When Pa brings home a turkey poult to raise for Christmas dinner, hilarious complications ensue in this heartwarming family story set in 19th-century New York City.
The family of six lives in a crowded three-room flat, and they quickly discover that there isn’t room for a growing turkey in their small kitchen. Pa first builds a pen for Alfred the turkey on the fire escape and then a larger pen hung from pulleys on the clothesline. After complaints from the neighbors, Pa moves the turkey into the flat’s single bedroom, and the family has to sleep in the kitchen and parlor. When Christmas arrives, the children can’t bear to eat Alfred for dinner, so they give him (as a pet) to their downstairs neighbor for her Christmas gift. The cleverly constructed text is full of understated humor and witty dialogue, with a satisfying conclusion describing the family’s simple but happy Christmas celebration. Cole’s loose watercolor-and-ink illustrations skillfully evoke the old-fashioned setting and busy life of a New York tenement community. He effectively shows the connected clotheslines, backyard privies and outdoor neighborhood markets of another era, and each character has a distinctive personality.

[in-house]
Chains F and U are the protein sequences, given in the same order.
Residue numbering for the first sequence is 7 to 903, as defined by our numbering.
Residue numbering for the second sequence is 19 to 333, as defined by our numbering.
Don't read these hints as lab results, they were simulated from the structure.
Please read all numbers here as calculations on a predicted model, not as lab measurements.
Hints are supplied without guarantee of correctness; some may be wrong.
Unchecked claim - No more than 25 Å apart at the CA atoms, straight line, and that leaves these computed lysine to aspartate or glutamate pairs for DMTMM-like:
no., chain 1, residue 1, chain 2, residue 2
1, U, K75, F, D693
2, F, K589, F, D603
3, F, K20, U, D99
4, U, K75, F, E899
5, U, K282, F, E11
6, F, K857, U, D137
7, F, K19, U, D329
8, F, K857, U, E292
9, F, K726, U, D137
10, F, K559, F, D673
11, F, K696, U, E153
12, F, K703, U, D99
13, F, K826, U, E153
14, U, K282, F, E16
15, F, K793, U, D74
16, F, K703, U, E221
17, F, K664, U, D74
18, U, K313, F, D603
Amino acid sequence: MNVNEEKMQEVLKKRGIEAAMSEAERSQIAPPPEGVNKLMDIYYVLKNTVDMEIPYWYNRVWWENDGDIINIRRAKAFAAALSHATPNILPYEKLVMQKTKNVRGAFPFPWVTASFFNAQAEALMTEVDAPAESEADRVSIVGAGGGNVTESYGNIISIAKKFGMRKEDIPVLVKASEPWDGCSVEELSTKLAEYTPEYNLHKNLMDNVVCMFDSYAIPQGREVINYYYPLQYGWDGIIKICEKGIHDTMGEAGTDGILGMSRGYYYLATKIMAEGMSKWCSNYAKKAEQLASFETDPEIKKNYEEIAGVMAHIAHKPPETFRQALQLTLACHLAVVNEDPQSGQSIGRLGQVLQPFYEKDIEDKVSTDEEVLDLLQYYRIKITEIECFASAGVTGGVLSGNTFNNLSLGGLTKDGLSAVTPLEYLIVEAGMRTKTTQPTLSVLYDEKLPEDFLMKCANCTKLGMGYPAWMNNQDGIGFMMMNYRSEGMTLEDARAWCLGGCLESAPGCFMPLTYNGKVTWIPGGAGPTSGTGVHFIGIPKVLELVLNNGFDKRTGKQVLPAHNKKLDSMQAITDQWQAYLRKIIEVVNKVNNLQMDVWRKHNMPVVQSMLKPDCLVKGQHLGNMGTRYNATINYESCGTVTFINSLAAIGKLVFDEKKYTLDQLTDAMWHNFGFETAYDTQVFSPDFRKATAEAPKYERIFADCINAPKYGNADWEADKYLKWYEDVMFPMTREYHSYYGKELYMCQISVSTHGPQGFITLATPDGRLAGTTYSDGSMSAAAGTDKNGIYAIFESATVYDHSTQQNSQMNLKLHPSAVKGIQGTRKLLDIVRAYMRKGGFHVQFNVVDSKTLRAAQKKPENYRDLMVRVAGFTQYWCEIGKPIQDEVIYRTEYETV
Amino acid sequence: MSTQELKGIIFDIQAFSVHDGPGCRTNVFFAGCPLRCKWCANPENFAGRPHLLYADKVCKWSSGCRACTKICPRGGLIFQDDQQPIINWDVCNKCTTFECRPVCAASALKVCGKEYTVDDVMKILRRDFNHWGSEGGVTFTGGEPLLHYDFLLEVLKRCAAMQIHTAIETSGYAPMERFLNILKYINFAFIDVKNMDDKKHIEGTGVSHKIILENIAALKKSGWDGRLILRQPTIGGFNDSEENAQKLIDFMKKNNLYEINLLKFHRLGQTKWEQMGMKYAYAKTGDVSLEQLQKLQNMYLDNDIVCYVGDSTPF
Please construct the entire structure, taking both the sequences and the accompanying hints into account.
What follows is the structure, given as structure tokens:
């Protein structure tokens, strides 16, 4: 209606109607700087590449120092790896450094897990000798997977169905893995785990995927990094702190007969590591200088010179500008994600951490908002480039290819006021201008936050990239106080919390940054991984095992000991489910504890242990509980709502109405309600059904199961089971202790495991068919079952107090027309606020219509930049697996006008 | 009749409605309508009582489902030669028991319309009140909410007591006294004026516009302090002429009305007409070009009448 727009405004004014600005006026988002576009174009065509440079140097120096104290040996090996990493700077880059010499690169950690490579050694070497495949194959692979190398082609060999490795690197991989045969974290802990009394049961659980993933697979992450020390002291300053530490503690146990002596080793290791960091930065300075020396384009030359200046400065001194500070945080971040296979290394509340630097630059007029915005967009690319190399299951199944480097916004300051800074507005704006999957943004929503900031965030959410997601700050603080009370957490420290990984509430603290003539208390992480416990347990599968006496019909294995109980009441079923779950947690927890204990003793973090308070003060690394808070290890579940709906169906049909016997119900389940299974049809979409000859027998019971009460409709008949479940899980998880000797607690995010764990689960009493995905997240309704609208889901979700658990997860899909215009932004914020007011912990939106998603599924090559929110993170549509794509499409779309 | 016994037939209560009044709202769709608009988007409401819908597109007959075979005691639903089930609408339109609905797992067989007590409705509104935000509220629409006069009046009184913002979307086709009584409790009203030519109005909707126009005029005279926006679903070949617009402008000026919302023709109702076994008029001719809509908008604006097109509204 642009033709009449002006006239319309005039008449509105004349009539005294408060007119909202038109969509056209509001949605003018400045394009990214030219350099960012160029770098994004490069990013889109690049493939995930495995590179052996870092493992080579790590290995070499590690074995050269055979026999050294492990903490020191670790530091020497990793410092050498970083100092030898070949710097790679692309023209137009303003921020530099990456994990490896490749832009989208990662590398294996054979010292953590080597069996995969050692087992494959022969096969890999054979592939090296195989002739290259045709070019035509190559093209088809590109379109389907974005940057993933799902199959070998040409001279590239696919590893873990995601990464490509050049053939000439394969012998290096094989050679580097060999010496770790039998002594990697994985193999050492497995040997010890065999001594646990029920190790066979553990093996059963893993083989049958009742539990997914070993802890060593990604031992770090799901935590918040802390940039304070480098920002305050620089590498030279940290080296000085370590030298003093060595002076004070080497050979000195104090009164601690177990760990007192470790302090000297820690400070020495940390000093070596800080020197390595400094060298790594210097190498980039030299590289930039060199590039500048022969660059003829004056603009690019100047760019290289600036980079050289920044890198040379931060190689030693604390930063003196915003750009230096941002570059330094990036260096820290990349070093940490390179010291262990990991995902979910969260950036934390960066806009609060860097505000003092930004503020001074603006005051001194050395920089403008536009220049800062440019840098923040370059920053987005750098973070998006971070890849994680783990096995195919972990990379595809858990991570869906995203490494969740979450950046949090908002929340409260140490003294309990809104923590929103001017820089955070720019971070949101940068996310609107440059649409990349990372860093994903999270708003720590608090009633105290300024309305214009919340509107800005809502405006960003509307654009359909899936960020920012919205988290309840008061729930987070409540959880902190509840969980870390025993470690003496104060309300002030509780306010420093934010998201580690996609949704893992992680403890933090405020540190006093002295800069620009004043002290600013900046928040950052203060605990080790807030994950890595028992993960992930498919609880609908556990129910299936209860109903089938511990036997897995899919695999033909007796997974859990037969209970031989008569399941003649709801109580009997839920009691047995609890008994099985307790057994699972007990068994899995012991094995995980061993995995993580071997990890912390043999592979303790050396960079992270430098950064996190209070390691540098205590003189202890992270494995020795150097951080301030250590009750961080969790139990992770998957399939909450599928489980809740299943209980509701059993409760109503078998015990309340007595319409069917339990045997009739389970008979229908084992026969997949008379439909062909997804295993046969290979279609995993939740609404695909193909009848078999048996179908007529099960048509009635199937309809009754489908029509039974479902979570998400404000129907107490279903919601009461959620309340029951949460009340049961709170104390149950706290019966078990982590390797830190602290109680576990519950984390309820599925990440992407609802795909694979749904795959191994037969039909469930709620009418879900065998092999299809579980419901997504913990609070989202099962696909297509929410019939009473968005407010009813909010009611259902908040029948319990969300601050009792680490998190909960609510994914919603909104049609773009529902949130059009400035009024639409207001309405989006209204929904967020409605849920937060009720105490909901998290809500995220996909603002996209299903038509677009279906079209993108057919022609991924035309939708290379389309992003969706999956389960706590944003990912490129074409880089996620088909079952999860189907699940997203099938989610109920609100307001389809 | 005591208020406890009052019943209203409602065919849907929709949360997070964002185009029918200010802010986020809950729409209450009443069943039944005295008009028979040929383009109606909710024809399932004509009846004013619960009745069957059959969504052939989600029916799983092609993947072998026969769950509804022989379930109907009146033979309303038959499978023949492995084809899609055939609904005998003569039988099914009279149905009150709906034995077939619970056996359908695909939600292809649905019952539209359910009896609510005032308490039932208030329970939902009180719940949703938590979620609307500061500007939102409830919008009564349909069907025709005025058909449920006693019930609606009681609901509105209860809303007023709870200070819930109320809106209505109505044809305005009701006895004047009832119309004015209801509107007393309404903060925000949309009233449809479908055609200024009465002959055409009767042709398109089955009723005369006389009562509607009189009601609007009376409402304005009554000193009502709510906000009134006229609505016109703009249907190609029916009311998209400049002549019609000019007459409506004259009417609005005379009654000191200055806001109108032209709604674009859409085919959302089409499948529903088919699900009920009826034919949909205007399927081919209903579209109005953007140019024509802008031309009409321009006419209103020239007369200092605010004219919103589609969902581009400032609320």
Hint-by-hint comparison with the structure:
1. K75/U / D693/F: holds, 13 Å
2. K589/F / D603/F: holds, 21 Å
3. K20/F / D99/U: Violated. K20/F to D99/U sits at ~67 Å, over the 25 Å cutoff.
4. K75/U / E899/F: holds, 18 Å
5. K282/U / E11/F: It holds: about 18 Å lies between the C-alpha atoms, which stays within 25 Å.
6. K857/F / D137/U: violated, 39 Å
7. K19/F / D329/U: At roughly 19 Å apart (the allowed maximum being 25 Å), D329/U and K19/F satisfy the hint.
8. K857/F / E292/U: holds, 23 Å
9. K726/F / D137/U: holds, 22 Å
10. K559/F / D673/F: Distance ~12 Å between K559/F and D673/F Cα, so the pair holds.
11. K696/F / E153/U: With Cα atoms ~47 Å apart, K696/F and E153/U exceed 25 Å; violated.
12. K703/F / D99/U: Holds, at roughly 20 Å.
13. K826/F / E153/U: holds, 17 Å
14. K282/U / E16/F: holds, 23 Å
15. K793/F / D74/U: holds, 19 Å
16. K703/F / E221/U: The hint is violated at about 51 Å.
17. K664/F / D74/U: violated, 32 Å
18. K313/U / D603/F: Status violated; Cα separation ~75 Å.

Young fans of historical fiction series will enjoy this, as will anyone who enjoys a funny family story about Christmas preparations. (Picture book. 4-9)